“Twizel, obviously it's quite a small town, and it wouldn't necessarily be on people's radar of where to go if there wasn't that destination aspect and the uniqueness of the property. People are amazed at the scenery, the quietness, and the relaxed nature of how Kiwis deal with overseas visitors, I think. It’s just a fun experience. I enjoy listening to people say ‘thanks so much’ and those three words pretty much sum it up.”
Kakoli, Host in Pondicherry, India

Kakoli, Pondicherry, India

"Because the property is located in the fishermen’s village, my neighbours are the staff who work here so they all live around, within two minutes’ walking distance. All of them in fact have been with us from day one so it’s that relationship you form over the years. A lot goes into it, but then at the end they become part of your family, so that’s how it works for us. It’s about being inclusive. There’s no way you can just operate in isolation. The locals should feel as happy as the people who come to visit."
Host Airbnb Seoul

Soyeon, Seoul, South Korea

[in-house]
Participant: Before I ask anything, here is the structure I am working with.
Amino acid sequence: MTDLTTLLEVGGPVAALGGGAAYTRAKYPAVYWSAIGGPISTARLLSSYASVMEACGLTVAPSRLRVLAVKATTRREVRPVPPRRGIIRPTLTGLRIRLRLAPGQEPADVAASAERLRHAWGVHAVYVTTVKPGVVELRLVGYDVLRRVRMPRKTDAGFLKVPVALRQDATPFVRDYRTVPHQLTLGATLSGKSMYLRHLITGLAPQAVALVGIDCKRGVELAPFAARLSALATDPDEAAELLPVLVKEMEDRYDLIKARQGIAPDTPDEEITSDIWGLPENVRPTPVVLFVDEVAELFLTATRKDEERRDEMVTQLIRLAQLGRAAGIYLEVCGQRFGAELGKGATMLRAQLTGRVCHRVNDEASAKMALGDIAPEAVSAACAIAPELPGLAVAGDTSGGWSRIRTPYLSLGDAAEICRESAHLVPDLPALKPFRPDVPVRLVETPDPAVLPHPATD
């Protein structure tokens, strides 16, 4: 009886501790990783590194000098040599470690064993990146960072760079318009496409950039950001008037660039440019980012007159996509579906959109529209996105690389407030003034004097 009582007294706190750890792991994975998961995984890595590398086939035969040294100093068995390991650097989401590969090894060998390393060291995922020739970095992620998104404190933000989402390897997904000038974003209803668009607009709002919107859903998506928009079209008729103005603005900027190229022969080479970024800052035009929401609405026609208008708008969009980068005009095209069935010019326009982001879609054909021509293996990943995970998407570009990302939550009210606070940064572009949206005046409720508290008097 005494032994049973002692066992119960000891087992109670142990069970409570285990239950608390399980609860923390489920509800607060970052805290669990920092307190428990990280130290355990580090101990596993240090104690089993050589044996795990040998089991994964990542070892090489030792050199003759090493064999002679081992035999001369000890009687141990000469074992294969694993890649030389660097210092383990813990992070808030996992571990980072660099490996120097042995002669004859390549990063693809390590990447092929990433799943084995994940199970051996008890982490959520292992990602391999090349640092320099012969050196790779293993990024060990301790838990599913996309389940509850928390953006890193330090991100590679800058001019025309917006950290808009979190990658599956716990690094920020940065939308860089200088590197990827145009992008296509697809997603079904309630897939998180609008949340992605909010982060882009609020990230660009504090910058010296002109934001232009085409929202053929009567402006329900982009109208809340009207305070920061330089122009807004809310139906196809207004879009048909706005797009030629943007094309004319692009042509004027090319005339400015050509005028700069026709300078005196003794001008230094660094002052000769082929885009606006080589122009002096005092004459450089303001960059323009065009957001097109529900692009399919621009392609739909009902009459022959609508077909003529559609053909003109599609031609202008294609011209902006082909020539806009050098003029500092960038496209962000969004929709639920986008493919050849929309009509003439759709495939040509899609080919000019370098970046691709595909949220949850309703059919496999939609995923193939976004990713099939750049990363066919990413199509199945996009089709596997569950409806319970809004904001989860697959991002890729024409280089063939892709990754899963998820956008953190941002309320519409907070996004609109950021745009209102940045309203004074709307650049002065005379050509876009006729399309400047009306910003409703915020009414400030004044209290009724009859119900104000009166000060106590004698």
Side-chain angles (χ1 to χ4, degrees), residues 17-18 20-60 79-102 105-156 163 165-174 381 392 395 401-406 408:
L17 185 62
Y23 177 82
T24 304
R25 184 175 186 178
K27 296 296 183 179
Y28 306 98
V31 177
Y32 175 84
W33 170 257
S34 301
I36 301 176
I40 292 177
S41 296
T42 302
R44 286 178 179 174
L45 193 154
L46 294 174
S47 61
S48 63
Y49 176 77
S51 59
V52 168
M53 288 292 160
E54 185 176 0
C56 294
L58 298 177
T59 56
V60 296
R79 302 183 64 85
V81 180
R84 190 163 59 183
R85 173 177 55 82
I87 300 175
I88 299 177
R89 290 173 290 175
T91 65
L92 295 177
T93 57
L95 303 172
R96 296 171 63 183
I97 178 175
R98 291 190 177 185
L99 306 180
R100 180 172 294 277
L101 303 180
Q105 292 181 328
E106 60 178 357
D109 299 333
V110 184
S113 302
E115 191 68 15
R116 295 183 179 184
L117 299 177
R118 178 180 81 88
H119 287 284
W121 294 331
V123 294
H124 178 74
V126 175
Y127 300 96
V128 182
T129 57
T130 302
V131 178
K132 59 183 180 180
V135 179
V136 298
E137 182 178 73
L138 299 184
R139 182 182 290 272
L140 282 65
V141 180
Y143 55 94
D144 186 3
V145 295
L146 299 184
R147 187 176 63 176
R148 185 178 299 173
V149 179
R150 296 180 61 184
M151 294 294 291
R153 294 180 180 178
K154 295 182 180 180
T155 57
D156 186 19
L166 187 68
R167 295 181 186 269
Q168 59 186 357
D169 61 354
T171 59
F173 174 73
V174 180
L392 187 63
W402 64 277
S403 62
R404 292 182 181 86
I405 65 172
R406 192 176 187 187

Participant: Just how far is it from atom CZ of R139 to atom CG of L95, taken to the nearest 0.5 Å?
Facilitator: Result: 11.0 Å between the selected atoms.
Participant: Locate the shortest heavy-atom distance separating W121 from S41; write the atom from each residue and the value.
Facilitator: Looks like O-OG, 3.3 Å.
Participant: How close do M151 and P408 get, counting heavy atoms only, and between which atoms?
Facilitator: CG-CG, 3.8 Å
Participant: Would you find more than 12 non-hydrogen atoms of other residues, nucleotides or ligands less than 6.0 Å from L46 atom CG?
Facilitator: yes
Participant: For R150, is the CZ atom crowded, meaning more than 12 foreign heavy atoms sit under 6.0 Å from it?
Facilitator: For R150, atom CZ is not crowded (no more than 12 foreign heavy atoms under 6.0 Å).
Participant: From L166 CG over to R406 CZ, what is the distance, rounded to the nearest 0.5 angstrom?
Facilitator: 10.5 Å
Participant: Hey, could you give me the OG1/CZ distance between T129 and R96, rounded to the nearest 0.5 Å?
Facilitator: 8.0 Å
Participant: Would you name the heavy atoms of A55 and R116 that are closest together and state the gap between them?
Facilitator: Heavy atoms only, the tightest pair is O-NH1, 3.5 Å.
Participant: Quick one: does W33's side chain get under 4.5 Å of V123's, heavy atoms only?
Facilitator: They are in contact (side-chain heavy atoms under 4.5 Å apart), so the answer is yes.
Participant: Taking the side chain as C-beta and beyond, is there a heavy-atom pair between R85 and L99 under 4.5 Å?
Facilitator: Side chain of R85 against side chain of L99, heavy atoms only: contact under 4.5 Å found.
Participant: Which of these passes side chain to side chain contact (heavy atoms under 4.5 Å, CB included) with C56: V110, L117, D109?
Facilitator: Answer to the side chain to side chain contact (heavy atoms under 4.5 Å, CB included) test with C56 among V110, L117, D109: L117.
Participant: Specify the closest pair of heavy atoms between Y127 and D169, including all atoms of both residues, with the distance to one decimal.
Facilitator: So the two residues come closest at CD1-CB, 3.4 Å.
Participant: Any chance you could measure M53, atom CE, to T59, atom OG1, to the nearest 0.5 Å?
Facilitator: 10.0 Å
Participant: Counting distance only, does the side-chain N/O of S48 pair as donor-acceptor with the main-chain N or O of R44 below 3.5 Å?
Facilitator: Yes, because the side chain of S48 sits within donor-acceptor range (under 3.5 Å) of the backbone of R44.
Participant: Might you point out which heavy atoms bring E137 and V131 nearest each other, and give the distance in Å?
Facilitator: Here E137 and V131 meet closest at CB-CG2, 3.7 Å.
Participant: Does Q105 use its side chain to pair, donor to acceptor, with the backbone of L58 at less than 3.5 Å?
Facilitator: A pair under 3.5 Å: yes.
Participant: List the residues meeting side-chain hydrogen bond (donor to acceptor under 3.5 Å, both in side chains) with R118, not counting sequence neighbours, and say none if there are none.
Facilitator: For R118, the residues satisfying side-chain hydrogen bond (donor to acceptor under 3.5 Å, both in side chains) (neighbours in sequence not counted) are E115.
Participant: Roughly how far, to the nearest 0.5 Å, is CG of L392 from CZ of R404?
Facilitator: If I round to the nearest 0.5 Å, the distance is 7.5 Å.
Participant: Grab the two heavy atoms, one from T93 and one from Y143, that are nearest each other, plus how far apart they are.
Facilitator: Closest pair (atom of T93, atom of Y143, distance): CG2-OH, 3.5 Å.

"Those who stayed at our place and liked the local products often asked me about them and visited nearby stores to buy them as souvenirs to take home. Through experiences like this, it seems that not only the accommodation options, but also the overall appreciation of this area is increasing. By utilising local businesses around the listing, we are not only stimulating the local economy but also maximising the authentic local experience for our guests who visit."
Hosts in Osaka, Japan

Yasuo and Aiko, Osaka, Japan

"I really wanted to be a Host in my hometown, which I have a strong attachment to. I often say that Osaka is a city that doesn’t need a guidebook. Instead, locals are your best guides. People here are friendly and caring. I think Osaka is a great place for people who are looking to connect with a community. Some of our guests only intend to stay one night, but then they decide to stay a week, then 10 nights, and so on. When I see our children talking to international guests with ease, I realise that travel is something that helps people grow. It’s wonderful for them to have this kind of interaction at home."

Economic impact by country

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Airbnb Host in Bali
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To find out more about the report and data, please get in touch with our team in Asia Pacific on economicimpactAPAC@airbnb.com.
Data source: Airbnb, Oxford Economics. Data based on 12 months to March 2023.